Noah has been into drawing and painting for a while now, though to be honest, we can’t quite make out what he has drawn or painted most of the time. When I came across Peter H. Reynold’s books at the library, I couldn’t resist borrowing them, to encourage Noah to keep working on his “art”. (I still haven’t found Ish, which will complete the Creatilogy series, but oh well.)
We thoroughly enjoyed both The Dot and Sky Colour, because of their simple messages: everyone can be an artist, and there is no fixed colour for everything.
In The Dot, Vashti can’t think of what to draw, and her teacher encourages her to “just make a mark and see where it takes you”. Sage advice, and a good reminder for all of us to just take the first step, rather than sit passively, and wait for inspiration to strike us. Vashti doesn’t quite seem to agree with her, and jabs at the paper with a marker, perhaps in a bid to provoke her teacher, but is surprised when her teacher examines it carefully, and asks her to sign it. She is even more taken aback when she returns to class the next day, and sees her dot in a frame, hanging above her teacher’s desk. That was enough to motivate her, and she goes on to create an entire series of dots, in various different styles.
I thought it was particularly sweet that Vashti encourages another young artist in the same way her teacher had, when he confesses that he can’t even draw a straight line, and she gently asks him to show her, then to sign his name on it. The student has become the teacher, and the story has come full circle rather beautifully.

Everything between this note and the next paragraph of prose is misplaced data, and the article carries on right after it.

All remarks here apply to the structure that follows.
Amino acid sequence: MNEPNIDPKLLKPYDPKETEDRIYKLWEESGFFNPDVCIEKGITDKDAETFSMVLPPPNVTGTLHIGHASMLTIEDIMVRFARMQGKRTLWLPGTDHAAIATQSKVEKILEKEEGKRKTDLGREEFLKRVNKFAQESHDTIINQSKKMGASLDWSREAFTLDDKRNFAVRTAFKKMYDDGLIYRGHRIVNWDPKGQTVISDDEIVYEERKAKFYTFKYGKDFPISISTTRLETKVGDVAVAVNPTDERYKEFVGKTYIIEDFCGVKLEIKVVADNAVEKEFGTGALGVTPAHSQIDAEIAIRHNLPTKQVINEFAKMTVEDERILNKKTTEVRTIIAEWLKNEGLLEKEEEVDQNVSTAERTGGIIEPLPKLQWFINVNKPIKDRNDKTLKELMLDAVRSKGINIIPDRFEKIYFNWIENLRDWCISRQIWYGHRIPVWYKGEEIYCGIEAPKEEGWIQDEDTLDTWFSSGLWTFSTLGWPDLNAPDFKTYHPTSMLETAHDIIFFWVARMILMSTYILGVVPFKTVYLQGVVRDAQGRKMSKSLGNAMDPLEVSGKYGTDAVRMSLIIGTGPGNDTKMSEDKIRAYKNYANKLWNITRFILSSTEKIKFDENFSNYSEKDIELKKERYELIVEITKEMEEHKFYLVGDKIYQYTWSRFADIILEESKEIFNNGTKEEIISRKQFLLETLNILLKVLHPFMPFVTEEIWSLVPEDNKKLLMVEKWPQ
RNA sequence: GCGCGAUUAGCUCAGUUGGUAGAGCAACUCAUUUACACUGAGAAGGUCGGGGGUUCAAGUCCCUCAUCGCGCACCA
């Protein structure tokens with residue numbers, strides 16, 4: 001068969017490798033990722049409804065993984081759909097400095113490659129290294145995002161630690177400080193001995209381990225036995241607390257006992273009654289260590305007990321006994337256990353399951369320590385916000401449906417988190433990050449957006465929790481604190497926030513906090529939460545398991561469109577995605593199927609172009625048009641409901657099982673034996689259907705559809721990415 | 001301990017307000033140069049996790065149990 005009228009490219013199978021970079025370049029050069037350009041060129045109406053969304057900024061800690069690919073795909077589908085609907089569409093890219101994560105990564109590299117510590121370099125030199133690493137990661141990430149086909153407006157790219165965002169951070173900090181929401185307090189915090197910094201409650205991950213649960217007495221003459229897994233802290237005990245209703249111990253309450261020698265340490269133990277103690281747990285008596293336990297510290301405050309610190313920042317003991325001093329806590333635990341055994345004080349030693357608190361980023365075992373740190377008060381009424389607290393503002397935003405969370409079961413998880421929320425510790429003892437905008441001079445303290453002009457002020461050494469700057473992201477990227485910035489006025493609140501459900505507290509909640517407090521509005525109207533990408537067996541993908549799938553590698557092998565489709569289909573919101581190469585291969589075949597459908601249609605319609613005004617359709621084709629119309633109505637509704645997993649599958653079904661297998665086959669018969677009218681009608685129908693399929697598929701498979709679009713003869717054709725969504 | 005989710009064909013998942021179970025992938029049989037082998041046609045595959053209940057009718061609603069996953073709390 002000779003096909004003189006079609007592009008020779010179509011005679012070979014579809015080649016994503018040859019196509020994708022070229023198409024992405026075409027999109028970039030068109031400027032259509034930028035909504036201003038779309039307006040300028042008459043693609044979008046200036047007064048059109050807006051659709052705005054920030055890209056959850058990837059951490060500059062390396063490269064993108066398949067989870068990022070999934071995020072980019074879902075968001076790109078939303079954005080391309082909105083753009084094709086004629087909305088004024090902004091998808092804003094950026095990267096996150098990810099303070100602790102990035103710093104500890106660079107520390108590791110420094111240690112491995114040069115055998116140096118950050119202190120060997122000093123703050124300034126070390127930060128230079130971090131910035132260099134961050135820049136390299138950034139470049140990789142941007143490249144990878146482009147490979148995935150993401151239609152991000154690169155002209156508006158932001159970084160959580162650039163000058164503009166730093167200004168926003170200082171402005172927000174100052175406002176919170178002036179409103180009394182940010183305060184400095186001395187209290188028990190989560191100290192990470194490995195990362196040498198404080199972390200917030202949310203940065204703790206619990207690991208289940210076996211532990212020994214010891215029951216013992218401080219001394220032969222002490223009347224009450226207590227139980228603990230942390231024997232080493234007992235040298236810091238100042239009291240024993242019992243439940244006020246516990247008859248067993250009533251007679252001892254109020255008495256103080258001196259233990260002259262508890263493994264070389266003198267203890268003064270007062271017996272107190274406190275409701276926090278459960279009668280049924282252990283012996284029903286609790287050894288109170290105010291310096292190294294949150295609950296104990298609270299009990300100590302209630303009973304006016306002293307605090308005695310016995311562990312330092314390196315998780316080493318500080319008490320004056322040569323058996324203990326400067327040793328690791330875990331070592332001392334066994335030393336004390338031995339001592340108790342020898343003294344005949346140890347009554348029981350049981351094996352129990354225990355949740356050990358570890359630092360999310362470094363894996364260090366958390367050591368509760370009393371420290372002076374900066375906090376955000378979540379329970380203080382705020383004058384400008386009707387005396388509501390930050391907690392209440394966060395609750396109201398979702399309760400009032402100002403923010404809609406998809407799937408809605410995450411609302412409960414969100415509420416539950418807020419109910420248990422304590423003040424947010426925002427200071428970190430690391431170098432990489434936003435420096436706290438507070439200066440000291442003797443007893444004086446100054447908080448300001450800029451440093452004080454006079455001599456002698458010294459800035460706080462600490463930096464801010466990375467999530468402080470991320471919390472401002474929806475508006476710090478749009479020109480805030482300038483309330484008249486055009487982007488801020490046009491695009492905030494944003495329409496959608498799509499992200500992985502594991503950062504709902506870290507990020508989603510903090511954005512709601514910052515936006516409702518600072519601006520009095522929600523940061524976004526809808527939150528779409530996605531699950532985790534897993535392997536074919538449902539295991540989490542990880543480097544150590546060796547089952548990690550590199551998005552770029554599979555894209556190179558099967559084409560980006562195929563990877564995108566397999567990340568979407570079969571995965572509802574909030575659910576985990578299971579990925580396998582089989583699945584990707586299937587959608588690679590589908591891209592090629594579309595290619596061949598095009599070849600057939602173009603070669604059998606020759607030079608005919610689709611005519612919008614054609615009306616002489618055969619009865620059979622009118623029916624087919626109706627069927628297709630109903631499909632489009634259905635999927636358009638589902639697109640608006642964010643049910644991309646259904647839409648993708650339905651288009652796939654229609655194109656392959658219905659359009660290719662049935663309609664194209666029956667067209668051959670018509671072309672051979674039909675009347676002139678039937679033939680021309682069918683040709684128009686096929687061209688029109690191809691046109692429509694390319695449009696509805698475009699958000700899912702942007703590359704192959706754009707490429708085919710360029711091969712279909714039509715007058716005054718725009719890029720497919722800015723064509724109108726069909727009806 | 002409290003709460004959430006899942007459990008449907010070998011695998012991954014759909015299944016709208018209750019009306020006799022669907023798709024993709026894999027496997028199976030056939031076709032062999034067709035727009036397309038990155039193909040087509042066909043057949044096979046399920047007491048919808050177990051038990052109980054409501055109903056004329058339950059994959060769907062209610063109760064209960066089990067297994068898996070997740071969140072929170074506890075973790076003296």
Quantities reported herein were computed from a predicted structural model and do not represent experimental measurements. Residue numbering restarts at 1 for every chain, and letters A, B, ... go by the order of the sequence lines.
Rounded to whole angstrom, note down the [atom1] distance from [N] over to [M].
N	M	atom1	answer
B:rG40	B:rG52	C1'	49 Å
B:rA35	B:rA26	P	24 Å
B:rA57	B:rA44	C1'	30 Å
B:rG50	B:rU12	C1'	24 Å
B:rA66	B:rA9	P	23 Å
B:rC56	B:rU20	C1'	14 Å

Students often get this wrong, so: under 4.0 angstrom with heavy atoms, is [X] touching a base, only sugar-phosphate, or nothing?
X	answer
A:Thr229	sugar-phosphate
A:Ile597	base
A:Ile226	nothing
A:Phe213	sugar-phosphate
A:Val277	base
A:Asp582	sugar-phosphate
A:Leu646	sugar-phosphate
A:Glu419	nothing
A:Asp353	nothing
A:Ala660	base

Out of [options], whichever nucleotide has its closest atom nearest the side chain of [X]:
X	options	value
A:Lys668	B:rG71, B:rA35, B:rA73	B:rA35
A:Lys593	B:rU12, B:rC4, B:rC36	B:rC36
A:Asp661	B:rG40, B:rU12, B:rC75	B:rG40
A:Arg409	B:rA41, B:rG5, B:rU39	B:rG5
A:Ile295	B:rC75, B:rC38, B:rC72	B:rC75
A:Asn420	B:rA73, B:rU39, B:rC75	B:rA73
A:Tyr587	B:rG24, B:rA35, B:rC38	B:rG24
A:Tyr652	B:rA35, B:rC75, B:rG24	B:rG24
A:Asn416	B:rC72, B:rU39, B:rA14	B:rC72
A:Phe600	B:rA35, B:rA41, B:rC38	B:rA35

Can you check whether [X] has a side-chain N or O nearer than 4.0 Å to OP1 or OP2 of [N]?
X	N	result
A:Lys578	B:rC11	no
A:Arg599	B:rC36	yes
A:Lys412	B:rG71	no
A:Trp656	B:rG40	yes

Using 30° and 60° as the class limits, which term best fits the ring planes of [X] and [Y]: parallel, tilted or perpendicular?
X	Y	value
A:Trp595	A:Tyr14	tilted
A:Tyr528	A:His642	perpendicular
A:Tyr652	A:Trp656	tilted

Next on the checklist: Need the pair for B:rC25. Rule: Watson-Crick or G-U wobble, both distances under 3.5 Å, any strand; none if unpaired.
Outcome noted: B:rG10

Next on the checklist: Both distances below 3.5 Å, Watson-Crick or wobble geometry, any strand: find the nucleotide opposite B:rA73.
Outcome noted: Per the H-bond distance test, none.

Noah seemed to have been inspired by the story, and the next time we gave him some paper and coloured pencils, he started drawing plenty of dots, of various sizes. He also asked to use his Do-a-Dot markers one morning, and spent quite a bit of time stamping dots all over the paper.
Noah making plenty of dots
Marisol, the young artist in Sky Colour, is eager to work on a collage with her classmates, and takes on the task of painting the sky. However, she discovers that the colour blue is missing from the box of paint, and panics. While mulling over her problem, she realises that the sky is made up of many different colours other than blue, and takes inspiration from the beautiful versions of the sky that she sees that evening, to come up with her own multi-coloured sky. Read the book to see the gorgeous end-product!
Sky Colour is a brilliant reminder for all of us parents who sometimes forget to encourage our little ones to be creative. As adults, we often have a fixed idea of what colour everything should be, and restrict our kids to using only those colours, while reminding them to colour within the lines.
Check out the previous Friday Flips posts HERE. I’ve also created a photo album on Facebook with some other good reads, and will be updating it whenever I come across more books that we enjoy. Do pop by for a look HERE.
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